Tips for parents to prevent childhood obesity
  • Forget the “Clean your plate” rule. Thin people have a knack for stopping when full. Learn to recognize the signs of fullness and that it’s not the same for all children. Offer reasonable fist-sized portions. Most bowls, cups, and bottles are too large! 
  • Healthy food choices start in the grocery store . Keep all healthy foods for snack in accessible places. Don’t stock tempting, unhealthy foods at home (cookies, juice, soda, chips). Sweet drinks such as soda and even juice lead to obesity and diabetes for many. Offer only milk (up to 3 servings per day) and water. An apple or orange eaten has many more health benefits than drinking its juice! Purchase less healthy foods in smaller individual packages to limit amounts.
  • Learn the difference between cravings and hunger. Hunger usually occurs 2 to 4 hours of not eating. Cravings are stimulated by feelings of boredom, stress or the environment.
  • When it comes to eating, focus only on eating. Eat for the pleasure of tasting and enjoying food. You will feel more satisfied. Break the grazing habit; save it for special events such as the Super Bowl. Eat only at the table. Don’t do other things while eating such as watching TV or reading. Try family meals and pleasant conversation; it’s always welcome.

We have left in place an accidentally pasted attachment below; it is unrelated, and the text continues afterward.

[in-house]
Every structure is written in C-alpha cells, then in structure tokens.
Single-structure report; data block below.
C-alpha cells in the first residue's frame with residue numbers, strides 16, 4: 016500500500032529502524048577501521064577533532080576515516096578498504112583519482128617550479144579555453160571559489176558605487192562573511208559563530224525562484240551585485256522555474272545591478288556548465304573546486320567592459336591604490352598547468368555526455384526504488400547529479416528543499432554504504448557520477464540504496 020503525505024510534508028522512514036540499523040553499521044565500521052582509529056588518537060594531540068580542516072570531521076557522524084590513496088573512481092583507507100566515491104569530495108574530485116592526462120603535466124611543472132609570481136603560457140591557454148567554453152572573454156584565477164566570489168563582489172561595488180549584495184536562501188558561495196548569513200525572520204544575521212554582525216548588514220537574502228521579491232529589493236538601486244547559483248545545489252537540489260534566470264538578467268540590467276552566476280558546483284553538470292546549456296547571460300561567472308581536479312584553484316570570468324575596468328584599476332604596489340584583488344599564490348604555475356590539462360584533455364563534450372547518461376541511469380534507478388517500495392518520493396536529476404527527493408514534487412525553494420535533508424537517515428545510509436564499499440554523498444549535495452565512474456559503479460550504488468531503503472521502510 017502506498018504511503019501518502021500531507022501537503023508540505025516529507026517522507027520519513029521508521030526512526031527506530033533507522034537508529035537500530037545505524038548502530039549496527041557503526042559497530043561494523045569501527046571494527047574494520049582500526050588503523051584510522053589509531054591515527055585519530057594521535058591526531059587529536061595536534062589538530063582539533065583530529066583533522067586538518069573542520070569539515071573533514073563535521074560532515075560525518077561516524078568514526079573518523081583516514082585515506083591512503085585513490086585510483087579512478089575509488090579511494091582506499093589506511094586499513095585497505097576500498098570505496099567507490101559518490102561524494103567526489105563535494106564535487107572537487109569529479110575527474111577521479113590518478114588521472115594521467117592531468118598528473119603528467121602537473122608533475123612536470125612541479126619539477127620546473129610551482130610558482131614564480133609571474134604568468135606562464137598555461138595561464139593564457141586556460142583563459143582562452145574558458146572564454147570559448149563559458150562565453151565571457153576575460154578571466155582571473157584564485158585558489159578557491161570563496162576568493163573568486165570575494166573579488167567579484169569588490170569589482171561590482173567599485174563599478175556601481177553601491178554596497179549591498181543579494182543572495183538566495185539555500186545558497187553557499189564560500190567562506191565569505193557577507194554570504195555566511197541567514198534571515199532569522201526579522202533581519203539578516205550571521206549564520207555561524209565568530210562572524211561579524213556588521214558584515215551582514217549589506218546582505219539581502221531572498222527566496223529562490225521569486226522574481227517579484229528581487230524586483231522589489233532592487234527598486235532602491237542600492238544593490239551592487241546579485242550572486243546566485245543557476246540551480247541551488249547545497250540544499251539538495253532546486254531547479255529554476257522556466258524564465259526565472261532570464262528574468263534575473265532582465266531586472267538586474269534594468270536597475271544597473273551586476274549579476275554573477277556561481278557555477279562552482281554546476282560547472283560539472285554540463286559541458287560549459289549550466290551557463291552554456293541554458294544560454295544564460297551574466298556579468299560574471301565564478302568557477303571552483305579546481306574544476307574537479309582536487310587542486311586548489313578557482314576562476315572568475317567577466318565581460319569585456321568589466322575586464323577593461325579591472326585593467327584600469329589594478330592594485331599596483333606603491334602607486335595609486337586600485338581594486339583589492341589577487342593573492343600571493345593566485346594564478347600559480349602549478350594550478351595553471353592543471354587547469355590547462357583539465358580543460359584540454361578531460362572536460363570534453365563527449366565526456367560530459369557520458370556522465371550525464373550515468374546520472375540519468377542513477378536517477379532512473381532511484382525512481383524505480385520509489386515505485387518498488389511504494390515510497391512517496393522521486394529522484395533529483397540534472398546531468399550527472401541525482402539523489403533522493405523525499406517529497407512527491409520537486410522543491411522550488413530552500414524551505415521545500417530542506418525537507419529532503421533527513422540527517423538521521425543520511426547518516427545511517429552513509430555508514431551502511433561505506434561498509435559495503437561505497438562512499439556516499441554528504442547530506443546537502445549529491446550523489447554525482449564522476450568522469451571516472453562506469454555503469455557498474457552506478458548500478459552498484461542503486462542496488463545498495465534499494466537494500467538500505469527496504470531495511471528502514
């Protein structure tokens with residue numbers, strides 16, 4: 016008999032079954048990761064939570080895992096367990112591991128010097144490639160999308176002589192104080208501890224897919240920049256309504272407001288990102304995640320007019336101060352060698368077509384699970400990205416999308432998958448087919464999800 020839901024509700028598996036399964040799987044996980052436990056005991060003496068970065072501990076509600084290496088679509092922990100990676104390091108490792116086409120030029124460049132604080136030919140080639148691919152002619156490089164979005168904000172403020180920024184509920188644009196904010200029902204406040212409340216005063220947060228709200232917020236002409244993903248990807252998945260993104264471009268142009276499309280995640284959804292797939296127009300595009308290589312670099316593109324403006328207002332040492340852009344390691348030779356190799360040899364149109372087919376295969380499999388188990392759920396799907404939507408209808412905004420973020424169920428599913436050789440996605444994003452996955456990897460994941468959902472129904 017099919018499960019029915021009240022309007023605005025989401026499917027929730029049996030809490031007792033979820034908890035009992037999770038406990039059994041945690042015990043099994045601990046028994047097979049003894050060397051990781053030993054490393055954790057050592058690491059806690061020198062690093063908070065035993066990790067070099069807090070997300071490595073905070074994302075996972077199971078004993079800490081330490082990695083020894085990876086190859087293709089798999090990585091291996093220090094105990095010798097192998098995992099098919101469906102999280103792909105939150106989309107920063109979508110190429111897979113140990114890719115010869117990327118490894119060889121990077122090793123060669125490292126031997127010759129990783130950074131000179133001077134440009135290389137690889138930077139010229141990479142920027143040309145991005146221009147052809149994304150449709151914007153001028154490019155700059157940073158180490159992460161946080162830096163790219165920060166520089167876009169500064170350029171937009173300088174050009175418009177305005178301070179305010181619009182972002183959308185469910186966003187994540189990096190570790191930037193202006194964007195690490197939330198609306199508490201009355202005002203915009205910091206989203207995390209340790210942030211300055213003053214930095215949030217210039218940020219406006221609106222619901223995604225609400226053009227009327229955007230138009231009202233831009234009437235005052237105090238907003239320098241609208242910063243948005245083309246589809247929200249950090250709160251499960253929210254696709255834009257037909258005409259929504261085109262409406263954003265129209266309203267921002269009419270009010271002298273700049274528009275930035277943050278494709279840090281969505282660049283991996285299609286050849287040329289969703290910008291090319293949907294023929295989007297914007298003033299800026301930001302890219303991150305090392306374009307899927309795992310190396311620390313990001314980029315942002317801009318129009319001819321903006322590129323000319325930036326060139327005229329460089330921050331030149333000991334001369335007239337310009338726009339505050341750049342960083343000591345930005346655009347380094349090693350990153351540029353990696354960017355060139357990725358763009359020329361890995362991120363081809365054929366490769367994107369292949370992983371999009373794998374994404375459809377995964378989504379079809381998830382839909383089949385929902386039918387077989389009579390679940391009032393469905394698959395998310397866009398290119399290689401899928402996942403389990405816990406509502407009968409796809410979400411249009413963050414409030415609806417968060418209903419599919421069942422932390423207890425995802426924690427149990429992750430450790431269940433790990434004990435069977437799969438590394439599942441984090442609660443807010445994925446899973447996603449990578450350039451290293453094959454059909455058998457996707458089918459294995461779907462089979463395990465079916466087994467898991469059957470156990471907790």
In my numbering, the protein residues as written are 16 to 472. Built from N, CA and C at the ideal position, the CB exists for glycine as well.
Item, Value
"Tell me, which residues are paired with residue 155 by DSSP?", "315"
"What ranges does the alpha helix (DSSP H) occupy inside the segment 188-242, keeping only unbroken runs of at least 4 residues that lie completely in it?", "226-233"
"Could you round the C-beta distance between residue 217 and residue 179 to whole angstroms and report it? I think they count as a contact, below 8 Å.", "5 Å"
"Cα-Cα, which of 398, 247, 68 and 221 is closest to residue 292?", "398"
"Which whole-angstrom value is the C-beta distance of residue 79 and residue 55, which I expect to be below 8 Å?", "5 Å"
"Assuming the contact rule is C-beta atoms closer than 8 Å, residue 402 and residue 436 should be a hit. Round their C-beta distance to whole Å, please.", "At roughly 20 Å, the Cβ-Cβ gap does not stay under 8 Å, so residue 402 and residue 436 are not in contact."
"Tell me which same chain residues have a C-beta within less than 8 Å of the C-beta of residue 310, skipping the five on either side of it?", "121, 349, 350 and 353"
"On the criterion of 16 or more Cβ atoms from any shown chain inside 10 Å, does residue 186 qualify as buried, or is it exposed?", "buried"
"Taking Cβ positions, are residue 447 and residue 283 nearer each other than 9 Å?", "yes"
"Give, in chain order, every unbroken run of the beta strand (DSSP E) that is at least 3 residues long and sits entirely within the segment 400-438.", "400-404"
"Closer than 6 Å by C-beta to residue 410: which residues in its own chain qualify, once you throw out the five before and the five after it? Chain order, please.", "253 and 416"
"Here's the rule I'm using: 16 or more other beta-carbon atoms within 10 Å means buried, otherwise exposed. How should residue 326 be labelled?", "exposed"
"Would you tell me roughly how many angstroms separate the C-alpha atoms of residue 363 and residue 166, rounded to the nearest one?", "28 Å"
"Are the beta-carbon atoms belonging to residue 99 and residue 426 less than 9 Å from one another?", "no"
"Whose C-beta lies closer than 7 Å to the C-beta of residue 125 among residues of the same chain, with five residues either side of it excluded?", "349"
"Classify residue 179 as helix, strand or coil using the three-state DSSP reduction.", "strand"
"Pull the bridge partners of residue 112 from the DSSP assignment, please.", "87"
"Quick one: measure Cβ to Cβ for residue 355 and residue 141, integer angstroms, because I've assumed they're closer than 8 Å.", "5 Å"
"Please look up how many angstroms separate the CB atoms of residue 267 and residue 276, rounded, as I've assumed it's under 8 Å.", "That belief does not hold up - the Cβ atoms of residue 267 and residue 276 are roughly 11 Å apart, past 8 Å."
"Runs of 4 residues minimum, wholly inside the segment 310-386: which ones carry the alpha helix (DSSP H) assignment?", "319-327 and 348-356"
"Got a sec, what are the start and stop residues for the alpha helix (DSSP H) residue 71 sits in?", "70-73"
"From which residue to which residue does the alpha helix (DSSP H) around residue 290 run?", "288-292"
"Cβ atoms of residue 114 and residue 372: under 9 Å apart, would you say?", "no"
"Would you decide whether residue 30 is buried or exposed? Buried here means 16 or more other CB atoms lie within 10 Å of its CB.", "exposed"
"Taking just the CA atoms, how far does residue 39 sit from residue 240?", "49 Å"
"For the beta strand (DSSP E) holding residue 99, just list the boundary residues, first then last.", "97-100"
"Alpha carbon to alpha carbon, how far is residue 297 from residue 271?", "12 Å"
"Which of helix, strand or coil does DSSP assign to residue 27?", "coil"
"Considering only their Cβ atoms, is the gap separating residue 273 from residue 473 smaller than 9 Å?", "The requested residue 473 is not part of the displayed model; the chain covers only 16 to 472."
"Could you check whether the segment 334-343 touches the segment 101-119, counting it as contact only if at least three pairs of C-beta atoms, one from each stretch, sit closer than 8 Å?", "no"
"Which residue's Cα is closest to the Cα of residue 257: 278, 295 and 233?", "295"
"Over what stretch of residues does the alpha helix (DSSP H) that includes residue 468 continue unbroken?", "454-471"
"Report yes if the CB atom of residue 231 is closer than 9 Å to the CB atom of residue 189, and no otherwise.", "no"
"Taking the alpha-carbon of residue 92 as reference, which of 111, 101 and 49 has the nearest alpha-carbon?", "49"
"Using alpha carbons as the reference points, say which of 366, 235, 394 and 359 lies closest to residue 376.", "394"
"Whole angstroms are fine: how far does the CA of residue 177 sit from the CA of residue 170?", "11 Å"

• Don’t use food as a reward . As an incentive for good behavior or grades, try offering a social activity, privilege or material reward; not food. Don’t regard sweets as a special treat; put as much value in a fruit or vegetable treat. Don’t use food to celebrate, show love, or comfort the sad.
  • Encourage activity. Instead of dashing to the kitchen during commercials, get up and do the “TV commercial boogie”! Boredom often triggers the desire to eat. Make a list of “distractible” things they could do instead of eating (jump rope, basketball, projects…) Walk; don’t drive or take the elevator when you have a choice. Game boy addicts…try out the Dance Revolution! Pull the plug on “electronic babysitters”; limit TV, video games & computer use. Allow child no more than 2 hours “screen time” per day.

If you are interested in local Weight Management Programs for children, click here

For a look at the new USDA guidelines for proper portions individualized for your child, consult


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